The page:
• In a glimmer of good news, the report observed a 20% decline from the previous year on the Personally Identifiable Information (PII) deployed to the cloud
  • Email services account for 20% of the sensitive data that passes through the cloud
  • This volume has risen in the past two years by 59%
  • Gartner predicts that by 2025, 99% of failures in cloud security will be due to customers fault

A powerful model for cloud security: shared responsibility

Companies don’t get to just deploy their applications and data on the cloud then go about living happily-ever-after like a Disney movie. While cloud platforms provide most of the overarching security and protection required to safeguard data, individual companies that migrate their apps and resources to these platforms equally have a role to play in the protection of their assets.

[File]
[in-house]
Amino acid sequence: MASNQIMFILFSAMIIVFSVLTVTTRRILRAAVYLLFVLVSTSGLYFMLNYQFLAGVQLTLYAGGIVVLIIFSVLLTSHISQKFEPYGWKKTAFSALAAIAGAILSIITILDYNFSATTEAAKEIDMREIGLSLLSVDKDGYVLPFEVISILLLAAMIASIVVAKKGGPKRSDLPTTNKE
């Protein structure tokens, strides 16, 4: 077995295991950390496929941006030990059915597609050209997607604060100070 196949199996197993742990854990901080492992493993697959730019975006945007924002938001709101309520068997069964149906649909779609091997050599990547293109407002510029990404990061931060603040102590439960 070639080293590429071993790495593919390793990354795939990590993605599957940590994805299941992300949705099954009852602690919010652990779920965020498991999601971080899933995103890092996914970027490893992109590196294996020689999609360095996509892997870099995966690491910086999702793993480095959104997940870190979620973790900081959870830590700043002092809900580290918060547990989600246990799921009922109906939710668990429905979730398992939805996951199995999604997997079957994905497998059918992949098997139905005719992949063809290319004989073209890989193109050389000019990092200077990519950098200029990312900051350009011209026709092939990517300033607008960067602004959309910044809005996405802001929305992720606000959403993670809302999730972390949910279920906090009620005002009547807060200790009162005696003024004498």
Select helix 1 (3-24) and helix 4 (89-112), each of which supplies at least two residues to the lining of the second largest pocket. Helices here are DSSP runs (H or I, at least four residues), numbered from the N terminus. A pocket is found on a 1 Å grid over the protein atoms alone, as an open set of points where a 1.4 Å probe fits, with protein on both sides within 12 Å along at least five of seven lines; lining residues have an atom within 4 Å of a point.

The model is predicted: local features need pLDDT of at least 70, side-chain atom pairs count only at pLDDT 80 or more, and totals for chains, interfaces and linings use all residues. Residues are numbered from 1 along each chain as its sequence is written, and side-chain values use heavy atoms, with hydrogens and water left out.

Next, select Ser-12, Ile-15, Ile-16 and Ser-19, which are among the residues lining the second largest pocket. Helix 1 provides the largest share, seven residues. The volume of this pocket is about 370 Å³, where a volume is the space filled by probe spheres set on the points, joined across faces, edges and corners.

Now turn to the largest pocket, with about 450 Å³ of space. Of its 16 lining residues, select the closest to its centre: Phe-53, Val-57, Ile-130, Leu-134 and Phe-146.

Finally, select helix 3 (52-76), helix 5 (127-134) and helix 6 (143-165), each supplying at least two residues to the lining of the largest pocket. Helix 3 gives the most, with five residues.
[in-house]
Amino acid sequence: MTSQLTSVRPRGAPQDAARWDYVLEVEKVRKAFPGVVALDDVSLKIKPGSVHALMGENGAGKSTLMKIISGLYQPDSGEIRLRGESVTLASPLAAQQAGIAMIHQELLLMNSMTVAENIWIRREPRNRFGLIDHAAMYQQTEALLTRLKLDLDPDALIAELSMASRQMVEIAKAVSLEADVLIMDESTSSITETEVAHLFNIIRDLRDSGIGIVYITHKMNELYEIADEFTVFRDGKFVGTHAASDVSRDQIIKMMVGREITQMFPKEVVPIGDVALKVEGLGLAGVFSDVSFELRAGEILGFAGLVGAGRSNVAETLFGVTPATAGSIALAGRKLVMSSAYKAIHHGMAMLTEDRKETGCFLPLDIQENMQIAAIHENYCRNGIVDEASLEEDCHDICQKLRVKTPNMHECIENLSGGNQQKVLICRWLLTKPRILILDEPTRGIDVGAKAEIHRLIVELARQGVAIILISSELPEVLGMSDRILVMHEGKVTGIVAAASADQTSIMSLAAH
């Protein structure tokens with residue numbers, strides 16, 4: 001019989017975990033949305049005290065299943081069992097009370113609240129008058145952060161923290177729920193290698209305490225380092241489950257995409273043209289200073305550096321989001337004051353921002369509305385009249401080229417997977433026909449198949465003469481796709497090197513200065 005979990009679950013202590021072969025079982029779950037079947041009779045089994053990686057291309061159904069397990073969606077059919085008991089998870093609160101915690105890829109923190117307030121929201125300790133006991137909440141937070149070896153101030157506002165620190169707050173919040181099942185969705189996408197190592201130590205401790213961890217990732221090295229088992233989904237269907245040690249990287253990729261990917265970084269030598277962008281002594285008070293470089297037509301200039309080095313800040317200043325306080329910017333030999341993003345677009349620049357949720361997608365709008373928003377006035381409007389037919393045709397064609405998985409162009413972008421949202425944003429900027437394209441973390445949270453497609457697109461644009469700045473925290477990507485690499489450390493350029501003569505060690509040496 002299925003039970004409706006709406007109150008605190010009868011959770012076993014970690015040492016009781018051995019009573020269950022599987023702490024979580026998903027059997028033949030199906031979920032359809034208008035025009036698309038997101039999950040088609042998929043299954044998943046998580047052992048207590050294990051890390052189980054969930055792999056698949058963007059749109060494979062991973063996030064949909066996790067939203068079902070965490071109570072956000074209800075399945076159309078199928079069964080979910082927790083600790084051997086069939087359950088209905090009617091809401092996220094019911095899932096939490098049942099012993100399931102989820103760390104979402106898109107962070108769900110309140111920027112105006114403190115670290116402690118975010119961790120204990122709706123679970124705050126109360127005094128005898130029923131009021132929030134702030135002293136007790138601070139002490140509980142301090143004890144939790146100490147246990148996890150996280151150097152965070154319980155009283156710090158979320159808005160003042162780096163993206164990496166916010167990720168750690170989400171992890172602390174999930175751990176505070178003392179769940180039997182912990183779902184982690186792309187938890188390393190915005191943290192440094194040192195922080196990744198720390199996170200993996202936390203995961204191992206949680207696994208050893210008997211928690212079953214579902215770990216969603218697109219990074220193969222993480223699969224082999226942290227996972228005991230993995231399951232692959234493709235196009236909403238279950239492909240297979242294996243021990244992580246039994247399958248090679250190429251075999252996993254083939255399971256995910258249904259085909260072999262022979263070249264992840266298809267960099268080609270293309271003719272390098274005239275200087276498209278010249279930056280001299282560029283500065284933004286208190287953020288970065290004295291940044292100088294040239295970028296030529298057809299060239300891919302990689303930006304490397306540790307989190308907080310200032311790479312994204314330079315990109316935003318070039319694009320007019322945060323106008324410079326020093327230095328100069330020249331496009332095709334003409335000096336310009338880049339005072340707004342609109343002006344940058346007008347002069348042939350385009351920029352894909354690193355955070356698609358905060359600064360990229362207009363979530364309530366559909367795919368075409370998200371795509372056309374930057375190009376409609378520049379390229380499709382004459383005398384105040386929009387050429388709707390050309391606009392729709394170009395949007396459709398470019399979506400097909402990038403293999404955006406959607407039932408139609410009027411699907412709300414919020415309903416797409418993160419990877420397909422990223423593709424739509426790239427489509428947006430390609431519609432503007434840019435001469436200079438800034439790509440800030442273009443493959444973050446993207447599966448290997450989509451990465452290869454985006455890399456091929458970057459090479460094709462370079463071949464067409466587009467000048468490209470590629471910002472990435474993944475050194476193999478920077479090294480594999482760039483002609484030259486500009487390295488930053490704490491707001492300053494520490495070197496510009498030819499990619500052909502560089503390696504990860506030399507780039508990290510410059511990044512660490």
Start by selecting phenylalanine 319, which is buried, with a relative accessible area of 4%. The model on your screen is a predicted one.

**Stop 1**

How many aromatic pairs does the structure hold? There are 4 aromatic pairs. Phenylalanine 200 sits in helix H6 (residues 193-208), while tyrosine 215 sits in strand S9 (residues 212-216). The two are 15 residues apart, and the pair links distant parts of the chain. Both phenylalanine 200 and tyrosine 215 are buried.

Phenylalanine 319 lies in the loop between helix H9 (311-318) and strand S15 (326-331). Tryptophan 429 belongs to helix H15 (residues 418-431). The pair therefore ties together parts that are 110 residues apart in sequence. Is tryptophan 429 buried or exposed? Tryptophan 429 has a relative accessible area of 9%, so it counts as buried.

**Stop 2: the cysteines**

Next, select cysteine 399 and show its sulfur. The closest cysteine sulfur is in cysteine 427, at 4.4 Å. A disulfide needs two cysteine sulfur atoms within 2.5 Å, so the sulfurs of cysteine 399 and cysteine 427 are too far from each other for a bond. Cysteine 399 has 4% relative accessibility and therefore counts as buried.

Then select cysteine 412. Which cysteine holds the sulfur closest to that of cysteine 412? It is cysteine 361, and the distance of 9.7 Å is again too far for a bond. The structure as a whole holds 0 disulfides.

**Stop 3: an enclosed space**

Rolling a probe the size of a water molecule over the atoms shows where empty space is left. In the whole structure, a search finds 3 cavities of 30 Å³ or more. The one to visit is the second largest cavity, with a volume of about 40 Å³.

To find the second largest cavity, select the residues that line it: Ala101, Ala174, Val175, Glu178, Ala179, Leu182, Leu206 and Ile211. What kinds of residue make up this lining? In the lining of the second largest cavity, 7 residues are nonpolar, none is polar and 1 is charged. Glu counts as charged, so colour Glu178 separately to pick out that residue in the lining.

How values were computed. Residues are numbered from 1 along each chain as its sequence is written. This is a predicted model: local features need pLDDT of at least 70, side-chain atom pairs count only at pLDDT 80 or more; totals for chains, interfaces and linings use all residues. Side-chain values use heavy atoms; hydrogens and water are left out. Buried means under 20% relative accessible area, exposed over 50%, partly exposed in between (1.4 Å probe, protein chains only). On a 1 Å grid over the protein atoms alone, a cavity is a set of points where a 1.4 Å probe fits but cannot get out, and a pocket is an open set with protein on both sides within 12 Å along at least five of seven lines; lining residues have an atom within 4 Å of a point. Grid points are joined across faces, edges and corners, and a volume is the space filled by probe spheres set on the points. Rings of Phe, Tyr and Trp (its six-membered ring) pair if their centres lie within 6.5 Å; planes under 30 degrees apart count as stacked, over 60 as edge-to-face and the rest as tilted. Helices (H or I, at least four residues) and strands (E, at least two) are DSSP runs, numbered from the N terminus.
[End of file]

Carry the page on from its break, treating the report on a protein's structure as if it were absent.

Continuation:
McAfee shows how a shared responsibility is used by cloud service providers to cover their own end of the cloud security spectrum and how much responsibility is devolved to the customers themselves. However, to comprehend how these responsibilities are shared, it is first necessary to understand how the cloud industry breaks down its categories:

  • Software as a Service (SaaS): in this cloud framework, instead of installing the software on your own servers, SaaS enables you to rent and use software owned by other providers, delivered remotely, and usually for a monthly subscription fee.
  • Infrastructure as a Service (IaaS): this demands more computing horsepower, and the storage and networking capabilities are available for rent to customers on-demand.
  • Platform as a Service (PaaS): Encompasses a broad collection of middleware services and application infrastructures, such as application platform, integration, and database services.

As the table below depicts, whether the service provided is a software-as-a-service (SaaS) like Salesforce or infrastructure-as-a-service (IaaS) like Rackspace, there is a differentiation of tasks between the host cloud provider and the customer.

The subsequent segments list the most pressing security concerns facing SaaS, IaaS, and PaaS cloud frameworks. Most of the vulnerabilities and issues they face are overlapping, so you’ll see some commonalities in their description, but we have provided a context to highlight their nuanced difference.